Am I the only one?
            Schmeky,

            There are several reasons why chondroitinase has not yet gone to trial.

            First, chondroitinase is a very old compound. The composition of matter patent is held by a food company in Japan that has had little interest in licensing it. The processing patent is held by a company called Seikagaku in Japan and that company gave up of developing chondroitinase for spinal cord nearly a decade ago after having spent some money trying to develop the enzyme for soften spinal discs. The use patent for the treatment was licensed by Acorda Therapeutics, which is just beginning to make enough money to consider investing in the development of chondroitinase for spinal cord injury. Spinal cord injury is still considered a small market and most companies are not willing to get into this field without stronger patent protection and certainly not while there is still a recession and economic uncertainty.

            Second, funding for U.S. spinal cord injury research and clinical trials is at its lowest ebb in memory. The combination of the anti-terrorism priorities of this country and the recession essentially wiped out any gain of research funds that we may have had since 1995. In 2011, we are getting less funding for spinal cord injury research and clinical trials from the federal government and state government than we did a decade ago. Last year, Governor Chris Christie of New Jersey diverted funds from the $1/traffic ticket fund for spinal cord injury research and our center at Rutgers was left with a million dollar grant gap. At the Keck Center, we are now running on fumes and a skeleton staff. All efforts by the spinal cord injury community to lobby the government for more research funding essentially stopped two years ago.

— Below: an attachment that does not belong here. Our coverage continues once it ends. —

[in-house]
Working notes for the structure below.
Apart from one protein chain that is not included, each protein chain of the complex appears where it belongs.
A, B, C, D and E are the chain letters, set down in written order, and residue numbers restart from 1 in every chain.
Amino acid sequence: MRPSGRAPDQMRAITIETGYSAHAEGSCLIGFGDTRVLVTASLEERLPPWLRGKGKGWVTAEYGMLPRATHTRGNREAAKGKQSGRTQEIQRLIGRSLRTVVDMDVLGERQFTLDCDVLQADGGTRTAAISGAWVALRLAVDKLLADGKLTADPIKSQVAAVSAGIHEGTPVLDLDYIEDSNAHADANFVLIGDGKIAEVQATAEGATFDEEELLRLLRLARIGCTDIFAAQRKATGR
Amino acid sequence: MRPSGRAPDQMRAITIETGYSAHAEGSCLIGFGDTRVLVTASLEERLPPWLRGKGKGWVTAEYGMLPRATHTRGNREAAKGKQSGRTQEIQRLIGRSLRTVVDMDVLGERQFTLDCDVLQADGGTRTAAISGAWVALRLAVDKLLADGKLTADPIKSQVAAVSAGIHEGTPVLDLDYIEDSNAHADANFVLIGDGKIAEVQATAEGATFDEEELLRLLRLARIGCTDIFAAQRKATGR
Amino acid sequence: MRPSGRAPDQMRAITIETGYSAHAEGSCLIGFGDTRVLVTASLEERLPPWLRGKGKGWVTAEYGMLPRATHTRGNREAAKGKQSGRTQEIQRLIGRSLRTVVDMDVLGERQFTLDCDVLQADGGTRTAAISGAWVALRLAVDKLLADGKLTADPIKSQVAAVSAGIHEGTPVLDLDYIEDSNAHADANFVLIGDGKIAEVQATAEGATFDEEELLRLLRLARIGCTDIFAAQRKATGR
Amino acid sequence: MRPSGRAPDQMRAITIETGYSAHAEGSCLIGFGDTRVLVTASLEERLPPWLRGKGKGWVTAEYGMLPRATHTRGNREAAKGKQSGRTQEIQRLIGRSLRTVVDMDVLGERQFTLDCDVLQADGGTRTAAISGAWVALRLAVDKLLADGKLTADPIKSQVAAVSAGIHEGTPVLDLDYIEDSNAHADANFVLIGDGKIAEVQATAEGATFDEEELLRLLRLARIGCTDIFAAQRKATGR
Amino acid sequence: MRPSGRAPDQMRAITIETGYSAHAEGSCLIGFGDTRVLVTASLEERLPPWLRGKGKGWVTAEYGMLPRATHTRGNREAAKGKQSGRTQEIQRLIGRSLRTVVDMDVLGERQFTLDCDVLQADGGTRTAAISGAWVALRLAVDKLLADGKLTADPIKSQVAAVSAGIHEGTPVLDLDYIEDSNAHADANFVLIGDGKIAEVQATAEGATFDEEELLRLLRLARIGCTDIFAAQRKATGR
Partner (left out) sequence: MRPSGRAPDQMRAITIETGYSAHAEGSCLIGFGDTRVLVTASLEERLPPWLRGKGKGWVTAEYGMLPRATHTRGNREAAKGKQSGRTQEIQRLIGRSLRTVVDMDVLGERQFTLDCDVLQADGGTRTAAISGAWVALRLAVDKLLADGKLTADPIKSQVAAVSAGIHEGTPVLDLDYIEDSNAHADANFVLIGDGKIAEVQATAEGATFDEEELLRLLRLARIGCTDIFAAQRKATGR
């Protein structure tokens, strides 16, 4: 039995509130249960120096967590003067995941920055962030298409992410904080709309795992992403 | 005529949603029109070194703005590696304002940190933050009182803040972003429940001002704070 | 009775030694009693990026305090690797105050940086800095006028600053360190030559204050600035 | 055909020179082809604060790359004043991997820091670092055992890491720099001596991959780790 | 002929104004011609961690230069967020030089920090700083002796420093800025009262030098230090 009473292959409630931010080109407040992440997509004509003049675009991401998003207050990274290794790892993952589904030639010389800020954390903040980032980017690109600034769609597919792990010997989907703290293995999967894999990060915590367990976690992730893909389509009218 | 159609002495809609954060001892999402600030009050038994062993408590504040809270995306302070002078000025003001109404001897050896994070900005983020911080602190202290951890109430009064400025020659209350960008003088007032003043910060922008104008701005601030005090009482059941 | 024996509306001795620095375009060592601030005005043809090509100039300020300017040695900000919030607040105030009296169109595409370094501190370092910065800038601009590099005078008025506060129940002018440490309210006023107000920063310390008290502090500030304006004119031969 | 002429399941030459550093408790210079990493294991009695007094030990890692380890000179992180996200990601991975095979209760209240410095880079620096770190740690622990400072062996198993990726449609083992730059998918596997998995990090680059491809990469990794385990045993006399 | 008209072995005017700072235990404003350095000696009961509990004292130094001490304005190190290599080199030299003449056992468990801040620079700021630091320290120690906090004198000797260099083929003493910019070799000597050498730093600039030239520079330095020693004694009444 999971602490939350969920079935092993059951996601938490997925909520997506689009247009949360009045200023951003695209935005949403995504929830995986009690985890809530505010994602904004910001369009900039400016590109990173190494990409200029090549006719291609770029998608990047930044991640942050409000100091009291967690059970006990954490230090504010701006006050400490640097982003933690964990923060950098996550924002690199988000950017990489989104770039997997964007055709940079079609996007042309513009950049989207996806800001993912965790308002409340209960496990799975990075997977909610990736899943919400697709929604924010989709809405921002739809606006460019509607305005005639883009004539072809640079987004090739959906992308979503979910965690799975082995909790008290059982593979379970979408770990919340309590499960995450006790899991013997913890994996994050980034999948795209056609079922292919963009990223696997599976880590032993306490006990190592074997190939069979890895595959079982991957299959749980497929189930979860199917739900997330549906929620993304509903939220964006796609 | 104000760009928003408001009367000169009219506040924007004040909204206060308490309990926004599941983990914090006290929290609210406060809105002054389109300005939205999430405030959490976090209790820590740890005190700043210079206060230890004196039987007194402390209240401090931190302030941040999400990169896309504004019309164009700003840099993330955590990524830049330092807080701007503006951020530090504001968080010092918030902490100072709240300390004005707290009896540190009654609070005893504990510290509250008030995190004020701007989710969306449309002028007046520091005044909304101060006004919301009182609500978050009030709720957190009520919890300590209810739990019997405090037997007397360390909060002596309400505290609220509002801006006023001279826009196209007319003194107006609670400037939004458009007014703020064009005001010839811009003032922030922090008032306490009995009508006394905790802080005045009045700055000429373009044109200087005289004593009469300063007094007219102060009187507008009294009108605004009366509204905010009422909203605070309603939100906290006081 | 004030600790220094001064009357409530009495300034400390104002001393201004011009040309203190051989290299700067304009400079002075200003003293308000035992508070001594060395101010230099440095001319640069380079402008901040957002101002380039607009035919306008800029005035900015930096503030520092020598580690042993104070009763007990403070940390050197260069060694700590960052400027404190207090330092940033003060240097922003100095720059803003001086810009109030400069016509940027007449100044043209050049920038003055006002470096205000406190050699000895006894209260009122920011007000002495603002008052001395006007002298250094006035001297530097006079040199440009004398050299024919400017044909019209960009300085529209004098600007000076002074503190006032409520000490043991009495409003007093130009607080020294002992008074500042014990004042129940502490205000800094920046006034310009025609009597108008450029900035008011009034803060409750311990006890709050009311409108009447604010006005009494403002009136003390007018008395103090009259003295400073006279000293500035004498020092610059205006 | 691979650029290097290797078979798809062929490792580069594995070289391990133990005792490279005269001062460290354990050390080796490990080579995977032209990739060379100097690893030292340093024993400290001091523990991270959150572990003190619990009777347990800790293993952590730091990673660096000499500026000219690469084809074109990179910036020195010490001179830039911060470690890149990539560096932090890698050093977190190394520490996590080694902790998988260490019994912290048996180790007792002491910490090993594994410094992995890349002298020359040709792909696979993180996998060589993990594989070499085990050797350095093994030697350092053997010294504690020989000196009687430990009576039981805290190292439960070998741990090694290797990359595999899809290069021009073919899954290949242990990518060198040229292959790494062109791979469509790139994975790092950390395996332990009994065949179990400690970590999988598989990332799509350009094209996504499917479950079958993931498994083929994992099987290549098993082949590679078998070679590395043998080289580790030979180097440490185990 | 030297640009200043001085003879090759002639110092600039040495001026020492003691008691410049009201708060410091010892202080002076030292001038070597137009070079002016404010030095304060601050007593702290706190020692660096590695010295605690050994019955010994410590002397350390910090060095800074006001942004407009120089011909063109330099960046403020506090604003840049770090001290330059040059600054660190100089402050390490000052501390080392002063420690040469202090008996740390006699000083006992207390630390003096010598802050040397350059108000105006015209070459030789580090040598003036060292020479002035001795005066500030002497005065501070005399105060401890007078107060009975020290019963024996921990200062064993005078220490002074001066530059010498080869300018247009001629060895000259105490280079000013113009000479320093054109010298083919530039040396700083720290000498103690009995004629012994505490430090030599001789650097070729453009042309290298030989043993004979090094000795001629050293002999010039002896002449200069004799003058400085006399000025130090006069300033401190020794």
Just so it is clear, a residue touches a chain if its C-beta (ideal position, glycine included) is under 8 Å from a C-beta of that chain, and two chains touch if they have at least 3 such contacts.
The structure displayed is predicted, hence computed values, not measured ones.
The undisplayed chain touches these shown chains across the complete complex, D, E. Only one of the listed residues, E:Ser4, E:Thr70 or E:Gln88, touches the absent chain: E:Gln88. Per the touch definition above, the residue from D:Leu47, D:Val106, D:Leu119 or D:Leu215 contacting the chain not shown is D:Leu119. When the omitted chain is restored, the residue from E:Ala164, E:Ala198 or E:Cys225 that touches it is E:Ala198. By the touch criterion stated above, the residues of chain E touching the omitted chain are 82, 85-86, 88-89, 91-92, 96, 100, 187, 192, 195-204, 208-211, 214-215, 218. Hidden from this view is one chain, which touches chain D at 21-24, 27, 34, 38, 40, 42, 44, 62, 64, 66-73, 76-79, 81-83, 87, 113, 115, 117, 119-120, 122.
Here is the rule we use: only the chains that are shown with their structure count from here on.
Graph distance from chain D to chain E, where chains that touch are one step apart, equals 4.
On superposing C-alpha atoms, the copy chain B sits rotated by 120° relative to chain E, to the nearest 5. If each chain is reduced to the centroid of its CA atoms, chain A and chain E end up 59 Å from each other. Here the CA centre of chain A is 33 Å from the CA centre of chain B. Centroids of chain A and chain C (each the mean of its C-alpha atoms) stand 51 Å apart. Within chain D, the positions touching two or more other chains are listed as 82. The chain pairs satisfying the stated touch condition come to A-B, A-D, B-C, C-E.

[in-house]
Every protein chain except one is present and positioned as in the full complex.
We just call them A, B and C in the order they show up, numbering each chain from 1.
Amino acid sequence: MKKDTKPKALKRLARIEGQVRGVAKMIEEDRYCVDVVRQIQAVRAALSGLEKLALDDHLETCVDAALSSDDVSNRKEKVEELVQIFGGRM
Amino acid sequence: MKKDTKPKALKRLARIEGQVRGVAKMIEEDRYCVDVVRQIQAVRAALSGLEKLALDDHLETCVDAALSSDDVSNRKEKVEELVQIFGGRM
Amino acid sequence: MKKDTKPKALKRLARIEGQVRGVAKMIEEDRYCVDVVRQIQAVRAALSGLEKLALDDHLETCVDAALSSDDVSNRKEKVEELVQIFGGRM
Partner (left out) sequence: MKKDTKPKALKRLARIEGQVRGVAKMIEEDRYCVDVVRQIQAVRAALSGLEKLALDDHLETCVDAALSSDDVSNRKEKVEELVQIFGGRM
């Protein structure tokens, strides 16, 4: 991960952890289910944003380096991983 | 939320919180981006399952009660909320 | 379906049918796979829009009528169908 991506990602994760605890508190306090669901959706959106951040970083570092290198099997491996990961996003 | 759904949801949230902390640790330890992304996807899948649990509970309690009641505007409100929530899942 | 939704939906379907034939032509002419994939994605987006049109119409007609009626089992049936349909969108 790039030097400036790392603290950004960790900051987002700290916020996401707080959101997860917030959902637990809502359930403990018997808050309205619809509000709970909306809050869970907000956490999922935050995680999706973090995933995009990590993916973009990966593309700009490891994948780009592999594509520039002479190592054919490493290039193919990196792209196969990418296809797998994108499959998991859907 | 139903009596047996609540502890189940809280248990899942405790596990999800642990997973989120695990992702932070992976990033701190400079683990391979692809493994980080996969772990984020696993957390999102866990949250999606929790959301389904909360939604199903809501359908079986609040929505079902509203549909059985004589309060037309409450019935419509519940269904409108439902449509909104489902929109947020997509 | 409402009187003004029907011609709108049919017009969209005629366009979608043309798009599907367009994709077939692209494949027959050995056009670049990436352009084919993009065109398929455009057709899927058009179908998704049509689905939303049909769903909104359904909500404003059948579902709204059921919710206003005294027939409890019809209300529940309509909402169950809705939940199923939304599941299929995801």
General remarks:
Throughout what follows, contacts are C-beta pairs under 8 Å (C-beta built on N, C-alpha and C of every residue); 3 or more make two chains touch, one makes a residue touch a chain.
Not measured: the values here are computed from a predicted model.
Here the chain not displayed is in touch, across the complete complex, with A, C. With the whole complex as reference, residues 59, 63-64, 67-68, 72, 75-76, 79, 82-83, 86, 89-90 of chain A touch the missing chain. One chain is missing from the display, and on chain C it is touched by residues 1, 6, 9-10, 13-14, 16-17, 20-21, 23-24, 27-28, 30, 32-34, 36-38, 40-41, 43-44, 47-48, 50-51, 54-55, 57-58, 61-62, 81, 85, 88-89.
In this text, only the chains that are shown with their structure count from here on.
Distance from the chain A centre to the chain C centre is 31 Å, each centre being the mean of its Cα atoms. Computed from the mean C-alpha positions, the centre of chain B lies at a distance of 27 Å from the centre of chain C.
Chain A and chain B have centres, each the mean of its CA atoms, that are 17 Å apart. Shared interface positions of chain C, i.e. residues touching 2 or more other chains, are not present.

Third, the number of U.S. clinicians who are willing and able to do clinical trials for spinal cord injury therapies is likewise at an all-time low in the U.S. The last major clinical trial for spinal cord injury was by Acorda Therapeutics. We have a couple phase I/II trials and no phase III spinal cord injury therapy trial over the past decade. It has been next-to-impossible to move any therapy into phase III. The pressure on doctors and hospitals to make money and to take care of patients is greater than ever before. Few doctors are willing to give their time and resources like they did in the past. Our effort to move the Christopher & Dana Reeve Paralysis Act through Congress was abandoned before we got the funding. More clinical trials are going on overseas than in the United States.